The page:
Alaska Commercial Fishing Jobs

There is a myth out there that the state of Alaska will pay you just to move to the Last Frontier. While the government won’t dispense any of the Alaska Permanent Dividend Funds unless you establish solid long-term residency, plenty of private fishing companies do hire eager, hardworking men and women from the lower 48 each year. Alaska commercial fishing jobs are popular with adventure-seeking college students, child-free single folks, and people who just want a temporary change of pace. Most of the jobs are seasonal, though some people can procure permanent work by way of a summer start. It’s a gruff and gritty way to make a living, but it can be profitable. After all, there are few ways to spend the dough you’re “netting” while you’re futzing with fish in a remote corner of Alaska. So, whether you are saving for education, paying down your debt, or just wanting to upend your minimum wage existence, consider Alaska commercial fishing jobs.

What types of jobs can I get?

Alaska commercial fishing jobs are available at every step of the industry’s chain. Think about it. People have to catch the fish or crabs, transport them, and process them (in various forms, including canned). Deck hands are needed on the boats themselves, and these jobs, while especially grueling, often pay the best when harvests are bountiful. It is possible, though by no means guaranteed, to make $1000-1500 a week on a boat crew. Newcomers are regularly hired for these positions, though people experienced with harvesting are often selected first.

For a more predictable but generally slightly lower income, say $750-950 a week, processing (i.e. fish factory) jobs also abound during the summer. You’ll find that some processing is done on floating factories while other processing is done on-shore. It depends on the sector in which you’re working – location, type of fish, timeframe, etc. These jobs are easier to land without even setting foot on Alaskan soil (or ice, as it were).

Regardless of the exact position you pursue, these Alaska commercial fishing jobs are not easy. Tasks can be repetitive and grueling while the backdrop remains stark and lonely. Imagine ten hour days spent performing hard labor on a rocky fishing boat – or hours frittered away with fresh salmon or shrimp in a remote factory. You’ll get paid well, but you’ll earn every dollar.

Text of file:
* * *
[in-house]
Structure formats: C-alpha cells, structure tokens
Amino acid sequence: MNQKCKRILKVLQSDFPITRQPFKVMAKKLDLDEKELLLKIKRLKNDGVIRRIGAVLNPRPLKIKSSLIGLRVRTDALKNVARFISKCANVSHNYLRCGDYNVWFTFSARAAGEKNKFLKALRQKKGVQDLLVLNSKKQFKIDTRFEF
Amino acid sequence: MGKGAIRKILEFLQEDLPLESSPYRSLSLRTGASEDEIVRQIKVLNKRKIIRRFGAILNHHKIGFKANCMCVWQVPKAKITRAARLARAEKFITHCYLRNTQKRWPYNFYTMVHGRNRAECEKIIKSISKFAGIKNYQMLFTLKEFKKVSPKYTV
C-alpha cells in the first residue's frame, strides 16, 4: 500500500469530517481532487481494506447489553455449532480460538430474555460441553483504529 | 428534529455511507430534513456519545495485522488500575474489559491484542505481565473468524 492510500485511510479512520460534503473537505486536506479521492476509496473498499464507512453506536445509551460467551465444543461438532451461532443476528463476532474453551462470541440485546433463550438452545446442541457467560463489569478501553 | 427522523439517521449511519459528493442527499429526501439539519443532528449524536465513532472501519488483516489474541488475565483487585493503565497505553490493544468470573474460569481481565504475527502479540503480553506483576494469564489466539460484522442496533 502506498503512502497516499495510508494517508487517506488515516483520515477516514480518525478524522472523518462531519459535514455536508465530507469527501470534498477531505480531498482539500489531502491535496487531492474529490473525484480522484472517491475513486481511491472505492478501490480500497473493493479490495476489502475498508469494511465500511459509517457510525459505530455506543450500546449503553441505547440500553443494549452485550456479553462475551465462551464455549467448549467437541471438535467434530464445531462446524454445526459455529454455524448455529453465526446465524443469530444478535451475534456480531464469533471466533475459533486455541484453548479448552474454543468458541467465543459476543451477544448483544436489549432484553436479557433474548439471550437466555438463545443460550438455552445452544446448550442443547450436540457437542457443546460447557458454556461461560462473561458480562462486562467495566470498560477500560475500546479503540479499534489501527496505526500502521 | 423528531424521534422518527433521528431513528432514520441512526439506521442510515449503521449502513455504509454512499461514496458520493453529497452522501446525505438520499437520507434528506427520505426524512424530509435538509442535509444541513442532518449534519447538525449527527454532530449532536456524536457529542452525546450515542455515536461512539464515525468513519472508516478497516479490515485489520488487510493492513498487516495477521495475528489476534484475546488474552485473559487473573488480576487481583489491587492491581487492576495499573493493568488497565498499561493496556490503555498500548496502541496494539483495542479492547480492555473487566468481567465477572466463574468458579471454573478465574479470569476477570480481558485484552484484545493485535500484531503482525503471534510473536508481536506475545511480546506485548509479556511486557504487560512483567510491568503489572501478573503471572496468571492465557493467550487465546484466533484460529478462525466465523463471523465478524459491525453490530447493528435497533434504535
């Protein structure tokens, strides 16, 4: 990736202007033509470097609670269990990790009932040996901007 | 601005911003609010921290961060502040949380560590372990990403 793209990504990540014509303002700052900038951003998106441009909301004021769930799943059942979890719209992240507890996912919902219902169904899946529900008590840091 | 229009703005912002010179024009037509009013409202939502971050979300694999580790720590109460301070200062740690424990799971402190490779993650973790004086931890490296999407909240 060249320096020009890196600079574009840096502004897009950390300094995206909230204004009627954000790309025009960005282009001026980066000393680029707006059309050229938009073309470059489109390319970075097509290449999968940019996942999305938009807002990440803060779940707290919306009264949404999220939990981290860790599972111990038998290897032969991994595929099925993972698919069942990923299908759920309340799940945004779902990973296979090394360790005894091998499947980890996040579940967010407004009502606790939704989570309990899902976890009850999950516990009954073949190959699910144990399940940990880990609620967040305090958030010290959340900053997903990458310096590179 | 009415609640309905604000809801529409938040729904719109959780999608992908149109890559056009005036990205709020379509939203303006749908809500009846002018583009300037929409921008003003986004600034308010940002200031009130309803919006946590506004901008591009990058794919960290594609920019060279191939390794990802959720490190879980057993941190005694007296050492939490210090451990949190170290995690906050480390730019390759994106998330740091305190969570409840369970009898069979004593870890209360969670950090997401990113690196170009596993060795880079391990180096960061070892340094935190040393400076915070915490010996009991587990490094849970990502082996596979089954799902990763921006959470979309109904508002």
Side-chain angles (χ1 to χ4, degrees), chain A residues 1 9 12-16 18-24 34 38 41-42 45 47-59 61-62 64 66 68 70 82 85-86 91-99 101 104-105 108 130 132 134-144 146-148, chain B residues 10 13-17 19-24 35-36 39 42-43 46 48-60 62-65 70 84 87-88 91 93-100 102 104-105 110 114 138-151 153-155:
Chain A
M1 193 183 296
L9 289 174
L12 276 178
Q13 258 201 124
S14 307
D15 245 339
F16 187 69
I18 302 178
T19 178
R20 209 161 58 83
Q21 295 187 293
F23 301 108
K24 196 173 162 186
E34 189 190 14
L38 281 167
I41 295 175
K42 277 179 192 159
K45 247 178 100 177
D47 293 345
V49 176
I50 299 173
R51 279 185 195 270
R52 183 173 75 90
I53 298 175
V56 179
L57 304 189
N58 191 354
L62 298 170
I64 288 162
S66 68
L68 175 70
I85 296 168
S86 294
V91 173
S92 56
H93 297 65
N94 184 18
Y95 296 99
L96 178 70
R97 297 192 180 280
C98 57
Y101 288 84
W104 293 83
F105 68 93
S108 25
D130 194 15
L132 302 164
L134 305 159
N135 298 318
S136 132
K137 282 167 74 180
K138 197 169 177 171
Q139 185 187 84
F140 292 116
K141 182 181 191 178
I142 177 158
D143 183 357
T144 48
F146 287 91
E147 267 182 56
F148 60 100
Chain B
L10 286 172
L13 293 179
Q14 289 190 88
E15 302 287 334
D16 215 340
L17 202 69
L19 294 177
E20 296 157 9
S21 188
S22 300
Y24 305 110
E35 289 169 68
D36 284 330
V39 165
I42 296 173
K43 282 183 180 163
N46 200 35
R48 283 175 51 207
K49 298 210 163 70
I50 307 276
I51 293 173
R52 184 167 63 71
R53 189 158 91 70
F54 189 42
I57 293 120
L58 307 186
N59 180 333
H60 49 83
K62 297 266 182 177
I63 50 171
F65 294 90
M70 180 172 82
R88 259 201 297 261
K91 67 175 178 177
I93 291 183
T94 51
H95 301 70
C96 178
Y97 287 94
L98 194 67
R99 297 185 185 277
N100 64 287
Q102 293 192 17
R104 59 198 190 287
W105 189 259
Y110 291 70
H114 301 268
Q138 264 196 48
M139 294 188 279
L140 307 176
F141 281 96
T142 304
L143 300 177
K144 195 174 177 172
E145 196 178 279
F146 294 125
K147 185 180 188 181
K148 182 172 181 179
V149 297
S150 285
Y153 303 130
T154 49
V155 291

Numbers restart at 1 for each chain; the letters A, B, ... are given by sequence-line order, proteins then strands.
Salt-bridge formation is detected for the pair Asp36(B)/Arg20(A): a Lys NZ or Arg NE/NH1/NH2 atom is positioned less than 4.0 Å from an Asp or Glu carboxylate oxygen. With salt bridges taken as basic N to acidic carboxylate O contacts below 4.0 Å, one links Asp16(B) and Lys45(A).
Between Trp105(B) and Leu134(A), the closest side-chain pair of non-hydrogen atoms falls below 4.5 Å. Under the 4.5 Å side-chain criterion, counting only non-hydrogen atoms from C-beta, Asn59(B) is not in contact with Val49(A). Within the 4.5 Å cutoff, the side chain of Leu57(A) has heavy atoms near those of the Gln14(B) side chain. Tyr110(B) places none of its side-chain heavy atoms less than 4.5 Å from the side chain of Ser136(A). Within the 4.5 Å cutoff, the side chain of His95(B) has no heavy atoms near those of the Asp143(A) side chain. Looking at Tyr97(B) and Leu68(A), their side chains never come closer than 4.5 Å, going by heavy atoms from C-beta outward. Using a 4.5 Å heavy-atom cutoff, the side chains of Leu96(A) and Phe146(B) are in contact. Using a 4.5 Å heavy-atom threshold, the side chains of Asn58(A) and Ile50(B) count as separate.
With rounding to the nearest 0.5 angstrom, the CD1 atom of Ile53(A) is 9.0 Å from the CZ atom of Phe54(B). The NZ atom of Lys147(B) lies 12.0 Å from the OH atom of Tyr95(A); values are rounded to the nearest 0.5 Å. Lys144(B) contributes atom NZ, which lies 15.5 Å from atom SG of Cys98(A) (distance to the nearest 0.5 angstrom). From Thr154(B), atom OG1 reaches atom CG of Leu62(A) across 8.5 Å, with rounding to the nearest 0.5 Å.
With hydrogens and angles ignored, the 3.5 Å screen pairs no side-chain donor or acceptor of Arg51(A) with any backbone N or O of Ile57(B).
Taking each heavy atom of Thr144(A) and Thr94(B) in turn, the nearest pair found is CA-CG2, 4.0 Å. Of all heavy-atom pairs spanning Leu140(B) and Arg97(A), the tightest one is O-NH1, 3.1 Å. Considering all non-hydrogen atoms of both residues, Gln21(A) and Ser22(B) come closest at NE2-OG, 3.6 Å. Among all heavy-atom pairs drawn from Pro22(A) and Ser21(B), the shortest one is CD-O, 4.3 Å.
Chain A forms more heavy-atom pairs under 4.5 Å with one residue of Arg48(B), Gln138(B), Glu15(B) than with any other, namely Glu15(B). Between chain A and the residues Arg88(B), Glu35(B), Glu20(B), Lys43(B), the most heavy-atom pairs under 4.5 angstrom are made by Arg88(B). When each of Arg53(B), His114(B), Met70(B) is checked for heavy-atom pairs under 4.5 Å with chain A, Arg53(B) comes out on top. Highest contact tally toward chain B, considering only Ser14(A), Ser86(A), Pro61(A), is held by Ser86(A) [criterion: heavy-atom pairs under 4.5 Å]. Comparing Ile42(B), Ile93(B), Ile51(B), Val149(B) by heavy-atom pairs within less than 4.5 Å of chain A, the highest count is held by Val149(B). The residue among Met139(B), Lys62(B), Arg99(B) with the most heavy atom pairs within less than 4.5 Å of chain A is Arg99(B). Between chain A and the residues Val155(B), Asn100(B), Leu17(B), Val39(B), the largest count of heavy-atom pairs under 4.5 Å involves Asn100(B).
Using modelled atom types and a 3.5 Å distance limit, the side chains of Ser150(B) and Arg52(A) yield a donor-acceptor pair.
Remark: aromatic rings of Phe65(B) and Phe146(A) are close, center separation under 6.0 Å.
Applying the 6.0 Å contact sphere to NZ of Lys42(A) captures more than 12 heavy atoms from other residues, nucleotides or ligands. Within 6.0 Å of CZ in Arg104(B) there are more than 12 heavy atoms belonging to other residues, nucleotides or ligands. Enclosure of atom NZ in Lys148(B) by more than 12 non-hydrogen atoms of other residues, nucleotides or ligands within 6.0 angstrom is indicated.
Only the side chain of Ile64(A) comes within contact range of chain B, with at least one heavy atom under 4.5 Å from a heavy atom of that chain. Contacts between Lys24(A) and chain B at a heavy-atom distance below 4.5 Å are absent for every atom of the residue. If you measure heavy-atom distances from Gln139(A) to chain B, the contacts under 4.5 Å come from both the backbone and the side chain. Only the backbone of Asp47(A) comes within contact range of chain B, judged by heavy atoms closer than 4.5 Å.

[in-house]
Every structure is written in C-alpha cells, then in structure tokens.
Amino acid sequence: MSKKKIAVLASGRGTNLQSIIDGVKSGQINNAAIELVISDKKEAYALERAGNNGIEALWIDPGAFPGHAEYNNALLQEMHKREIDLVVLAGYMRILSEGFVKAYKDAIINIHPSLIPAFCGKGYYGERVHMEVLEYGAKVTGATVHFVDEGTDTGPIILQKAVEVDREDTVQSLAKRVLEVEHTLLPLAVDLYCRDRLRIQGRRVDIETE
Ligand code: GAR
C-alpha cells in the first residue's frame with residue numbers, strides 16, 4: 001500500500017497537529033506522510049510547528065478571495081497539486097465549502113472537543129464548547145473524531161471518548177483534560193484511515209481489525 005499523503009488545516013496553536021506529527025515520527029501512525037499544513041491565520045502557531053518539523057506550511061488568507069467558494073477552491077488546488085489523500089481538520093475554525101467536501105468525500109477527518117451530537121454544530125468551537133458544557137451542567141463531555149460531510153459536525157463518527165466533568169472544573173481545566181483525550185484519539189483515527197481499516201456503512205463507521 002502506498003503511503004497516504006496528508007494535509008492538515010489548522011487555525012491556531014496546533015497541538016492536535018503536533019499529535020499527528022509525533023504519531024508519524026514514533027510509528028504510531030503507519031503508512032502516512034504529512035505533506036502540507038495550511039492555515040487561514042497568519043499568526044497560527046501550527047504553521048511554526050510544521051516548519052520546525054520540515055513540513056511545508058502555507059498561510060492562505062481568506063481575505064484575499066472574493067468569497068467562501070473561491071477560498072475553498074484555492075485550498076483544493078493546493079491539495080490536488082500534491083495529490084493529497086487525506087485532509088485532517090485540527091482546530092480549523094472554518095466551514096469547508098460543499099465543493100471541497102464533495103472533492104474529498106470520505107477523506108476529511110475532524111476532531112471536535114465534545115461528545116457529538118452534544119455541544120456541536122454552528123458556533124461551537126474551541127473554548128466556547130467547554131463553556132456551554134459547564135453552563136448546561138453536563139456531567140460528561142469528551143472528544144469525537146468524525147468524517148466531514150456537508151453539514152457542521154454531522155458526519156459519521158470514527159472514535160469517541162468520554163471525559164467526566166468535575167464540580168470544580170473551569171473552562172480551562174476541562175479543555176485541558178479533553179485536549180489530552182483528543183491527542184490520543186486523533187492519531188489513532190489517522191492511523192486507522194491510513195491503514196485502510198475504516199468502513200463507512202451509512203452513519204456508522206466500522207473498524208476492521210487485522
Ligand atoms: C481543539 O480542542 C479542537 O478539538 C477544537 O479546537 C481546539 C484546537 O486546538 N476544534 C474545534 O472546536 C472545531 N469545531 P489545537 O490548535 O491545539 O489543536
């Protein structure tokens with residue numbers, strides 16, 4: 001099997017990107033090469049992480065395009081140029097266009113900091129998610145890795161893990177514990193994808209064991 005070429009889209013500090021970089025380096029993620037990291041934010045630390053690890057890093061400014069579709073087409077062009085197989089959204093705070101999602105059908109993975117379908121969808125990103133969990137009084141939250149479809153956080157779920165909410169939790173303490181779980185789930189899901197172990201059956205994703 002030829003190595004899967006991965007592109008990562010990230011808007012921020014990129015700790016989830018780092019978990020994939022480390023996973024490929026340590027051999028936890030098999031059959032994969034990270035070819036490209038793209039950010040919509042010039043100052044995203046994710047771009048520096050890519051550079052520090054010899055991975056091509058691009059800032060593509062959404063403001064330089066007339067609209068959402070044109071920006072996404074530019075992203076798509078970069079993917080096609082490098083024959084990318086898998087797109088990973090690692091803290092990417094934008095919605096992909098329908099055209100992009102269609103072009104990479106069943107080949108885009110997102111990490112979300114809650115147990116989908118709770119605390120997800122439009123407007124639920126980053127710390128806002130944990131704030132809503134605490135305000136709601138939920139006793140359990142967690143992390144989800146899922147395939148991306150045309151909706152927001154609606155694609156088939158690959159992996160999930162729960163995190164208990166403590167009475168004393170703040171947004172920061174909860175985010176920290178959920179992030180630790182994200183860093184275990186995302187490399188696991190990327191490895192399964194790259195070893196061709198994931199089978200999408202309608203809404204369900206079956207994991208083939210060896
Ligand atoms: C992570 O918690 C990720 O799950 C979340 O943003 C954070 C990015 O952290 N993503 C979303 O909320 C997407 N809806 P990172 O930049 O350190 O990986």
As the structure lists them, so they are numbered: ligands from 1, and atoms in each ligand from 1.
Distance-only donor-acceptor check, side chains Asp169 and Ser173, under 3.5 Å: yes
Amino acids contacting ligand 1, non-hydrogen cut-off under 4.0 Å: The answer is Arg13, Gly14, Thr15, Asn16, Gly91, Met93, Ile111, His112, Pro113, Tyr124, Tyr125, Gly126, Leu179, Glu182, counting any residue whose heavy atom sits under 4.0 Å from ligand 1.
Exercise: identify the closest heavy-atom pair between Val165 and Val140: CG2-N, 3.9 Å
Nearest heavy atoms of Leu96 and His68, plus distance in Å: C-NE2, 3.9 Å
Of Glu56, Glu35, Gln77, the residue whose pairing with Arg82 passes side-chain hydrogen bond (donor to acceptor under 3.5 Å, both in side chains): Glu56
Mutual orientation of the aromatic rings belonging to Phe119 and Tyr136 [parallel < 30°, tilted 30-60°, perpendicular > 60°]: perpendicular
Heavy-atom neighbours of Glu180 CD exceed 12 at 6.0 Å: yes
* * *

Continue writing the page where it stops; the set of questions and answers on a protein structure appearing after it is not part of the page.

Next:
I don’t mind working hard and handling fish all day, but how do the logistics of Alaska commercial fishing jobs pan out?

If you like the tasks and you are free to relocate, at least temporarily, to Alaska, you may be wondering about the whos, whats, whens, wheres, and hows. How do you get there? And where is “there” anyway? Who pays you? Where do you sleep? What will you eat (besides fish)?

By and large, the commercial fishing industry in Alaska recognizes that over half of their seasonal employees are coming from out-of-state and need accommodations. Many companies provide spartan room and board for low or not cost, either deducting it from your paycheck or just giving it to you as a benefit of employment. In many cases, they’ll also cover transportation to and from Seattle or Anchorage, though you’ll want to read through all the terms of your contract.

Different regions of Alaska have slightly different fishing sub-industries and timeframes that coincide. For many Alaska commercial fishing jobs, which are seasonal in nature, the summer is the peak season. However, fall and spring work isn’t impossible to come by either. Alaska has a longer coastline than any other state, and they fish along almost all of it. Where you end up getting placed depends on who hires you and what their needs are.

Okay�I really want to do this. So how do I get hired?

While it’s possible to head to Seattle or Anchorage and seek out a position from one of these closer vantage points (or even to show up at a company’s headquarters and get hired on the spot), it’s actually easiest and most prudent to apply from the comfort from your home in the Lower 48. Because thousands of people are hired every year, many of the companies have an online application process. They’ll check your background, call your references, do an “interview” by phone to ensure you understand the terms of the job and are capable of fulfilling all the job requirements, physical or otherwise. Once you’re hired you’ll receive all the information you need – – what to bring, where to be, and when.

To link up with the various fishing companies themselves – from the huge processors to the “little guy” boats led by seasoned skippers – you’ll want to enlist the help of a website that specializes in Alaska commercial fishing jobs. The vast majority of these services are legitimate, and while they won’t guarantee a placement, they give you as many contacts and tips as you can handle. Alaska fishing job websites usually charge a small fee ($15 – 30) for access to a database full of companies that want to hire greenhorns (that’s what they call people without experience). Some of the best and most frequently used include:

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